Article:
Palatine Aponeurosis Fibrous sheath Attached to posterior border of hard palate Is expanded tendon of tensor velli palatini Splits to enclose musculus uvulae Gives origin & insertion to palatine muscles
Muscles Tensor veli palatini – Origin: spine of sphenoid; auditory tube – Insertion: forms palatine aponeurosis – Action: Tenses soft palate • Levator veli palatini – Origin:petrous temporal bone, auditory tube, palatine aponeurosis – Insertion: palatine aponeurosis – Action: Raises soft palate • Musculus uvulae – Origin: posterior border of hard palate – Insertion: mucosa of uvula – Action: Elevates uvula
Muscles • Palatoglossus – Origin: palatine aponeurosis – Insertion: side of tongue – Action: pulls root of tongue upward, narrowing oropharyngeal isthmus • Palatopharyngeus – Origin: palatine aponeurosis – Insertion: posterior border of thyroid cartilage – Action: Elevates wall of the pharynx
Sensory Nerve Supply • Mostly by the maxillary nerve through its branches: – Greater palatine nerve – Lesser palatine nerve – Nasopalatine nerve • Glossopharyngeal nerve supplies the region of the soft palate
Motor Nerve Supply • All the muscles, except tensor veli palatini, are supplied by the: – Pharyngeal plexus • Tensor veli palatini supplied by the: – Nerve to medial pterygoid, a branch of the mandibular division of the trigeminal nerve
MASTICATION MUSCLES • Temporalis m. • Masseter m. • Lateral pterygoid m. • Medial pterygoid m. 3/20/2014 32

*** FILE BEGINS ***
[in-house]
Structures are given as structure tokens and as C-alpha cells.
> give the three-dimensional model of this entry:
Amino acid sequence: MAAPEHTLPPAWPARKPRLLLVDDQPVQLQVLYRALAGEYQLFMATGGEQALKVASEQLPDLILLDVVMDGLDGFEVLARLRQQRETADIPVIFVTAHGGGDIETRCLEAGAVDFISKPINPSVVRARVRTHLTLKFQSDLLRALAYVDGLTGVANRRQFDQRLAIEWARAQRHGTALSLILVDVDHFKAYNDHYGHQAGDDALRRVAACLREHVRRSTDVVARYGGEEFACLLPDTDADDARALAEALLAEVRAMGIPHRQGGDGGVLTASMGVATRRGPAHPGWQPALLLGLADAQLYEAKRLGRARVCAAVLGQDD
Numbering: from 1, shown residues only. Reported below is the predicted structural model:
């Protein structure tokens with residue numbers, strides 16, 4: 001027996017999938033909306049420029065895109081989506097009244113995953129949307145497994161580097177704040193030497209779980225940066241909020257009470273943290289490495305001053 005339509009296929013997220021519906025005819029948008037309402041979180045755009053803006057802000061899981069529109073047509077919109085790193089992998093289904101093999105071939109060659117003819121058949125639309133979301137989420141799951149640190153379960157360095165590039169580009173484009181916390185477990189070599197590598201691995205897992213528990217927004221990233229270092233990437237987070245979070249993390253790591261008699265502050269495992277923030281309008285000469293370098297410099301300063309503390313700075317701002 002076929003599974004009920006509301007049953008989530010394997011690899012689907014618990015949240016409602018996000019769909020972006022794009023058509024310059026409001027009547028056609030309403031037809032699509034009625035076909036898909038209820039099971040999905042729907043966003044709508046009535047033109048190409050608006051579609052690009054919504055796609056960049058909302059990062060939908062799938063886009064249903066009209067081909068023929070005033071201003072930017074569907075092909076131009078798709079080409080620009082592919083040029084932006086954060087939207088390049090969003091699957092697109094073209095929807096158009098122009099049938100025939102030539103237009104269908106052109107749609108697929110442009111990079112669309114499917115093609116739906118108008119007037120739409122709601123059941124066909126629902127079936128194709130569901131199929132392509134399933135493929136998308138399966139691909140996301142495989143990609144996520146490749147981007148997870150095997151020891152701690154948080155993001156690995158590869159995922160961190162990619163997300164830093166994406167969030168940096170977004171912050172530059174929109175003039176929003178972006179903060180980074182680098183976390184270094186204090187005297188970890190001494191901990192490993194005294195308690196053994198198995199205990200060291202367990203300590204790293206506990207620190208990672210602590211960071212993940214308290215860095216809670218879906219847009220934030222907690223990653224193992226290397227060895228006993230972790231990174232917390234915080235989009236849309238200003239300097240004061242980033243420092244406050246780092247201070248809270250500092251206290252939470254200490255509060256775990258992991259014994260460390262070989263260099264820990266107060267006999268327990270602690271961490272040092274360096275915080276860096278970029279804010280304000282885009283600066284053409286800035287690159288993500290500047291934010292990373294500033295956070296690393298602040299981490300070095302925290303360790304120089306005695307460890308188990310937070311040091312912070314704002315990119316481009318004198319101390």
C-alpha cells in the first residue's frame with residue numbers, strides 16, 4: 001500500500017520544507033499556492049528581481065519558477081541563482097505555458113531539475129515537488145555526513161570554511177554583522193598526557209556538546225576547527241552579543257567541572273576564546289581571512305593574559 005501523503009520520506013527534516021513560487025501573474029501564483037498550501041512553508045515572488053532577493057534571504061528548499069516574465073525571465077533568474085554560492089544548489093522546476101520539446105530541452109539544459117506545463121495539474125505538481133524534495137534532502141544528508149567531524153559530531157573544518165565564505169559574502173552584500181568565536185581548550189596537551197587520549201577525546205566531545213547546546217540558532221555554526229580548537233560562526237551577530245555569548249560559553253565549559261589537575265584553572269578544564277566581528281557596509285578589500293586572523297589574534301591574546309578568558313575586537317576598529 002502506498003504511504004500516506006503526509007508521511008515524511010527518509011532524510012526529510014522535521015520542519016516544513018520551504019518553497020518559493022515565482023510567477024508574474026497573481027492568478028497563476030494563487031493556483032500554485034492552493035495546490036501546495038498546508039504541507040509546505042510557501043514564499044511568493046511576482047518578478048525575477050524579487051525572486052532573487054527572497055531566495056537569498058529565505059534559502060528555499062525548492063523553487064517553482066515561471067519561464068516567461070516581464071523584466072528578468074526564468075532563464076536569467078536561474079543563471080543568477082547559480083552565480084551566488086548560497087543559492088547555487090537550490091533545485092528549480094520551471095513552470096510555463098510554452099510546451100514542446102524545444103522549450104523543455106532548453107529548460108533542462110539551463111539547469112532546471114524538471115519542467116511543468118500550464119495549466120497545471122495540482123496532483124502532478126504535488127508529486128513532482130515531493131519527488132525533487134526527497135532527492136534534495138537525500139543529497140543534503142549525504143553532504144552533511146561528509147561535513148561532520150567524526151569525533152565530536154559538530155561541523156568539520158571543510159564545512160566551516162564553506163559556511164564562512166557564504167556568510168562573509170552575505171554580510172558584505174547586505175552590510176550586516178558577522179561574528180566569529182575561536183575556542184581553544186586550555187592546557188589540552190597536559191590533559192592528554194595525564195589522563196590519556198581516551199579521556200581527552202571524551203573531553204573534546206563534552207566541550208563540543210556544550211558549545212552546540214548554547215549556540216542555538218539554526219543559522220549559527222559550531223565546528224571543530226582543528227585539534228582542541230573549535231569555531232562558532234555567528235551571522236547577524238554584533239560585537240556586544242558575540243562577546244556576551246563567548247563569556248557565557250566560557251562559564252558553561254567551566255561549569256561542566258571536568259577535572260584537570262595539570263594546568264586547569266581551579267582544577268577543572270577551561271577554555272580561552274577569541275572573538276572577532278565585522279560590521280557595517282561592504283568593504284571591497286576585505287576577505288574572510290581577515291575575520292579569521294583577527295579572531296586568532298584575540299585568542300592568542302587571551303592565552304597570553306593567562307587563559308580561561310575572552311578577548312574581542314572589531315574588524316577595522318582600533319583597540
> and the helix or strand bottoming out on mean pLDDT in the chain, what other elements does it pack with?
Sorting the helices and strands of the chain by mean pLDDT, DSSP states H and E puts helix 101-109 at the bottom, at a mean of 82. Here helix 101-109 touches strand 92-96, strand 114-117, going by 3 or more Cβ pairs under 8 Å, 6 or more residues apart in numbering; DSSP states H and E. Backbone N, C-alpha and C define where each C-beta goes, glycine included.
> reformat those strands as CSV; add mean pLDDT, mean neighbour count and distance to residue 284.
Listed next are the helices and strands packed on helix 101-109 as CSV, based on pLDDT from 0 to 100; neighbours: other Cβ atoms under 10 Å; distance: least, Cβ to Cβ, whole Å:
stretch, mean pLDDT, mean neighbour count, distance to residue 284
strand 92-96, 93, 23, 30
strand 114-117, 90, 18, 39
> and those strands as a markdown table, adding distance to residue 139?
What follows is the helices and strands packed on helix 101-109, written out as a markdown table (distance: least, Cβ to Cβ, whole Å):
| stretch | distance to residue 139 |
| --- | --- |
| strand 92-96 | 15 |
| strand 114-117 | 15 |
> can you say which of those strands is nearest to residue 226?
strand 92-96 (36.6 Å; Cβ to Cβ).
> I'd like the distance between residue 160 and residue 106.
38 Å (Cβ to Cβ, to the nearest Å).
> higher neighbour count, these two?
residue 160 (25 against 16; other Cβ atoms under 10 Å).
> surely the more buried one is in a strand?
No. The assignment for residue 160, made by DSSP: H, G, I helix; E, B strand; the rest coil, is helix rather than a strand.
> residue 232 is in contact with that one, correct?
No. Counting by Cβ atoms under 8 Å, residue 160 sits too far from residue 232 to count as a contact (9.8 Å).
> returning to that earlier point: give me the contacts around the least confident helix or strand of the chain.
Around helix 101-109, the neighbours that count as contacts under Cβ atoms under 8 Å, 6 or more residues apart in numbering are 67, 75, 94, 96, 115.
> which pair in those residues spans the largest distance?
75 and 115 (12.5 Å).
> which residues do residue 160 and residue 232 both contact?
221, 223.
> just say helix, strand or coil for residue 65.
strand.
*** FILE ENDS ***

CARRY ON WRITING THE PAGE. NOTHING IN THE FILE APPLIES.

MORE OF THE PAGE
THE SALIVARY GLAND • The parotid gland: – Is the largest, weight 25 gr, irreguler, lobulated, yellowish mass, lying below the external acoustic meatus, between the mandible and th sternocleidomastoid – The parotid duct: is about 5 cm long, crosses the masseter, and at the anterior border turns inwards pass through the corpus adiposum of the cheec and pierces the buccinator – Opens upon small papilla on the oral surface of the cheek opposite the crown of the second upper molar tooth 3/20/2014 37
• The submandibular – Is irregular form – About a size of a walnut – Submandibular duct is about 5 cm long • The sublingual gland – Is the smallest – It is narrow, flattened, shaped like almond – Weight between 3-4 gr 3/20/2014 38
THEET 3/20/2014 43
PHARYNX • External layer: constrict walls of pharynx during swallowing – Superior constrictor – Middle constrictor – Inferior constrictor • Internal layer: elevate (shorten and widen) pharynx and larynx during swallowing and speaking – Palatopharyngeus – Stylopharyngeus – Salpingopharyngeus 3/20/2014 48